Marijuana plant
Medical marijuana could soon play a role in reducing tumour growth and easing pain and nausea Reuters

Scientists have discovered a way to rid medical marijuana of its negative side effects.

The report, published in science journal PLOS Biology, states that a team of scientists from University of East Anglia in collaboration with the University Pompeu Fabra in Barcelona, have identified the pathway used for marijuana's main psychoactive ingredient, THC.

The researchers, who were responsible for discovering how THC reduces tumour growth, say that the pathway involves cannabinoid and serotonin receptors. When they blocked the pathway in mice, the THC still displayed medical benefits, such as pain relief and reduced nausea, but diminished the chances of memory impairment – a common side effect of marijuana.

Dr Peter McCormick, from UEA's school of Pharmacy, said: "THC, the major active component of marijuana, has broad medical use − including for pain relief, nausea and anxiety. Our previous research has also found that it could reduce tumour size in cancer patients. However, it is also known to induce numerous undesirable side effects, such as memory impairment, anxiety and dependence.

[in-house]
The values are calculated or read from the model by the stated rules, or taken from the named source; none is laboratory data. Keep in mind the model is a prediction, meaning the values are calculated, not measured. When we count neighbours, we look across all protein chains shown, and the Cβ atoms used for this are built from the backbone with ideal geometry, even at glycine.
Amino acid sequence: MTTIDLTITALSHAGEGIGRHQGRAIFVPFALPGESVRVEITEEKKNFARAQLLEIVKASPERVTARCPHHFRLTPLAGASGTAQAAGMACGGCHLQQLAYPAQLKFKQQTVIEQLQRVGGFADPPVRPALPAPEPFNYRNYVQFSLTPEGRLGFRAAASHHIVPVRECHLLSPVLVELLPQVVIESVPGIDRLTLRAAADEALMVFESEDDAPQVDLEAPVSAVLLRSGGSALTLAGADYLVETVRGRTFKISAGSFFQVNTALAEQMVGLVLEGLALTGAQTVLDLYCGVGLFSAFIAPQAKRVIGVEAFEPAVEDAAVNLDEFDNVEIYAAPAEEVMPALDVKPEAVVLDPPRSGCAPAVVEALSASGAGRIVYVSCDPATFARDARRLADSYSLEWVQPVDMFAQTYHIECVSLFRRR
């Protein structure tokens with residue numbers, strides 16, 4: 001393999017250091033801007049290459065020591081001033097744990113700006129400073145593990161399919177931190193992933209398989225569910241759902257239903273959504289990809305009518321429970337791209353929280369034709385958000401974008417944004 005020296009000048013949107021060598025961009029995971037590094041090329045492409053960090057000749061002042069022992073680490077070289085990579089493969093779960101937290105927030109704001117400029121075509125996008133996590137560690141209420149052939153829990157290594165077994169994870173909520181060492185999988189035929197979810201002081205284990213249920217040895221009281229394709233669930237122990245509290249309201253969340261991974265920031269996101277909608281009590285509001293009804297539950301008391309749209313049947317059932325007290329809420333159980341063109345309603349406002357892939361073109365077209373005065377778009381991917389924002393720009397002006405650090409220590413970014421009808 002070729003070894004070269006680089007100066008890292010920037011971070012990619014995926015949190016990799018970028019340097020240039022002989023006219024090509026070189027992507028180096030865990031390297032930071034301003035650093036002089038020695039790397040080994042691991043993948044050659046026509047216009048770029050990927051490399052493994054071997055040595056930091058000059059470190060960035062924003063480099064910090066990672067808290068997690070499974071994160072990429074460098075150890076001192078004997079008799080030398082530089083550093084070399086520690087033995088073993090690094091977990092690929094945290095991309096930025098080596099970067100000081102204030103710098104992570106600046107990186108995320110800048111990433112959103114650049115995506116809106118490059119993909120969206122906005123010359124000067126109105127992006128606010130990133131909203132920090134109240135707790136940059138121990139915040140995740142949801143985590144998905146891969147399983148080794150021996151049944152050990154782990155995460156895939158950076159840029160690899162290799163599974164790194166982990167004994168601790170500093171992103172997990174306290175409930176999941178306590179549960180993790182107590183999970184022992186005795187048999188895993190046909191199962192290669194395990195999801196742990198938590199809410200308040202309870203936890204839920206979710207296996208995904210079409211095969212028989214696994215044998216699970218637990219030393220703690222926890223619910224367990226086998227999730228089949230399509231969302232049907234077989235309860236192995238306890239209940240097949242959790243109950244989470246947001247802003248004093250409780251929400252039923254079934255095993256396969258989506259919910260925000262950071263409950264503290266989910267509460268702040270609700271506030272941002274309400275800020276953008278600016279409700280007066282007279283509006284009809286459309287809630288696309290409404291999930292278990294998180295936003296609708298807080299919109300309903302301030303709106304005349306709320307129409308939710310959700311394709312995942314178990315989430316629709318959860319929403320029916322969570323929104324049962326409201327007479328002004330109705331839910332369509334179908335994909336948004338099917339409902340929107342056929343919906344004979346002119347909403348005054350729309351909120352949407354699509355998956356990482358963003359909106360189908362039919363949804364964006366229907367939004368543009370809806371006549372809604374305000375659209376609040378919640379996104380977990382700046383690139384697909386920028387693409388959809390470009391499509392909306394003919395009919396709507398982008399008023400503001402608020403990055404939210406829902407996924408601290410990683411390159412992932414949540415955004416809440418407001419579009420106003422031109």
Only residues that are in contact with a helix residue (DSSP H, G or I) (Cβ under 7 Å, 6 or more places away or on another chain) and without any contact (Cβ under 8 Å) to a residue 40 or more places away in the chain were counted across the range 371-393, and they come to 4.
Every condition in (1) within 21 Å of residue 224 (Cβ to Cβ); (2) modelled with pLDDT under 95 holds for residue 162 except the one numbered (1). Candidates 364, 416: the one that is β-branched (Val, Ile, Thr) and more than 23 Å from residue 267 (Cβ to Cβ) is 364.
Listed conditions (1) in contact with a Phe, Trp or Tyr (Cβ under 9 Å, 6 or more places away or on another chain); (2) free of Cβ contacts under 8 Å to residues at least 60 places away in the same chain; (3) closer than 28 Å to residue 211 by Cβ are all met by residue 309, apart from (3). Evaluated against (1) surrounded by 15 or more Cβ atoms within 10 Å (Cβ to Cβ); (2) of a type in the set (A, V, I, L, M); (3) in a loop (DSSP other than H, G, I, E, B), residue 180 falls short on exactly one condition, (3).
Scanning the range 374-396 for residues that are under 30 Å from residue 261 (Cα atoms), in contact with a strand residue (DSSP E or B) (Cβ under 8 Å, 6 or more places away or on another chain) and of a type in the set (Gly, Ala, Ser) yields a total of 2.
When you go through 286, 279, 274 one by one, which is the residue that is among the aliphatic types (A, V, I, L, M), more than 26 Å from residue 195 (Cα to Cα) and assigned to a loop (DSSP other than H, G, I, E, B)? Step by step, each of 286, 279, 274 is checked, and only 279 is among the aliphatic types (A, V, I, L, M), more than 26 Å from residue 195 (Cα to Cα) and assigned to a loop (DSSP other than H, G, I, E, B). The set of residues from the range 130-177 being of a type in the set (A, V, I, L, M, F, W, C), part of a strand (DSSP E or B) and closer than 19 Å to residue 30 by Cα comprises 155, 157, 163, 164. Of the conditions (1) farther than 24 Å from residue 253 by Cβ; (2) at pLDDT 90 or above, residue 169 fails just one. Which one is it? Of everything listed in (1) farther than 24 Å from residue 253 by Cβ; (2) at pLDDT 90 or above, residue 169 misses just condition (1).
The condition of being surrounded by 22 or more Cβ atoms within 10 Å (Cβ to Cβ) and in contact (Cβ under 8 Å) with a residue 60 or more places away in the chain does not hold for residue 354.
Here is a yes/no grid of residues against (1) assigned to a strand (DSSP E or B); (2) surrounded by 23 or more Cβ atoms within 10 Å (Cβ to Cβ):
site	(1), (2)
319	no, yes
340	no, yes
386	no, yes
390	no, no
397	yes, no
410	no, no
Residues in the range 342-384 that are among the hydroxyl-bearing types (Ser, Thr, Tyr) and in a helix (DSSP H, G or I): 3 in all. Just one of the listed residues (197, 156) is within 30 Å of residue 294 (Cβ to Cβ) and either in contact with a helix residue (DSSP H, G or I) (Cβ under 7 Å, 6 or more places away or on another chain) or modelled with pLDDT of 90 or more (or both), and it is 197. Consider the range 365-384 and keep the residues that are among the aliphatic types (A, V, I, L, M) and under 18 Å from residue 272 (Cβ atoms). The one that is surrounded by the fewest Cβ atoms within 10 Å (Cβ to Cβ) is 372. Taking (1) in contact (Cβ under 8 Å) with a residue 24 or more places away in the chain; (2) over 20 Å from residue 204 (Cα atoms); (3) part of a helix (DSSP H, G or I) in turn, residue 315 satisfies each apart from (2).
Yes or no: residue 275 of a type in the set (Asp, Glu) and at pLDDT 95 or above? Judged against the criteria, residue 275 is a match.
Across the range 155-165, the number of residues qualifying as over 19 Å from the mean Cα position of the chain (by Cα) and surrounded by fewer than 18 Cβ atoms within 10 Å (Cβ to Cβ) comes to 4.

"There has been a great deal of medical interest in understanding the molecular mechanisms at work in THC, so that the beneficial effects can be harnessed without the side effects.

"THC acts through a family of cell receptors called cannabinoid receptors. Our previous research revealed which of these receptors are responsible for the anti-tumour effects of THC. This new research demonstrates how some of the drug's beneficial effects can be separated from its unwanted side effects.

"This research is important because it identifies a way to reduce some of what, in medical treatment, are usually thought of as THC's unwanted side effects, while maintaining several important benefits, including pain reduction."

Although the initial tests were on mice, the researchers hope that it is a breakthrough that will lead to safer cannabis-based treatment therapies.

"I hope that our research will lead to a safe synthetic equivalent being available in the future," added McCormick.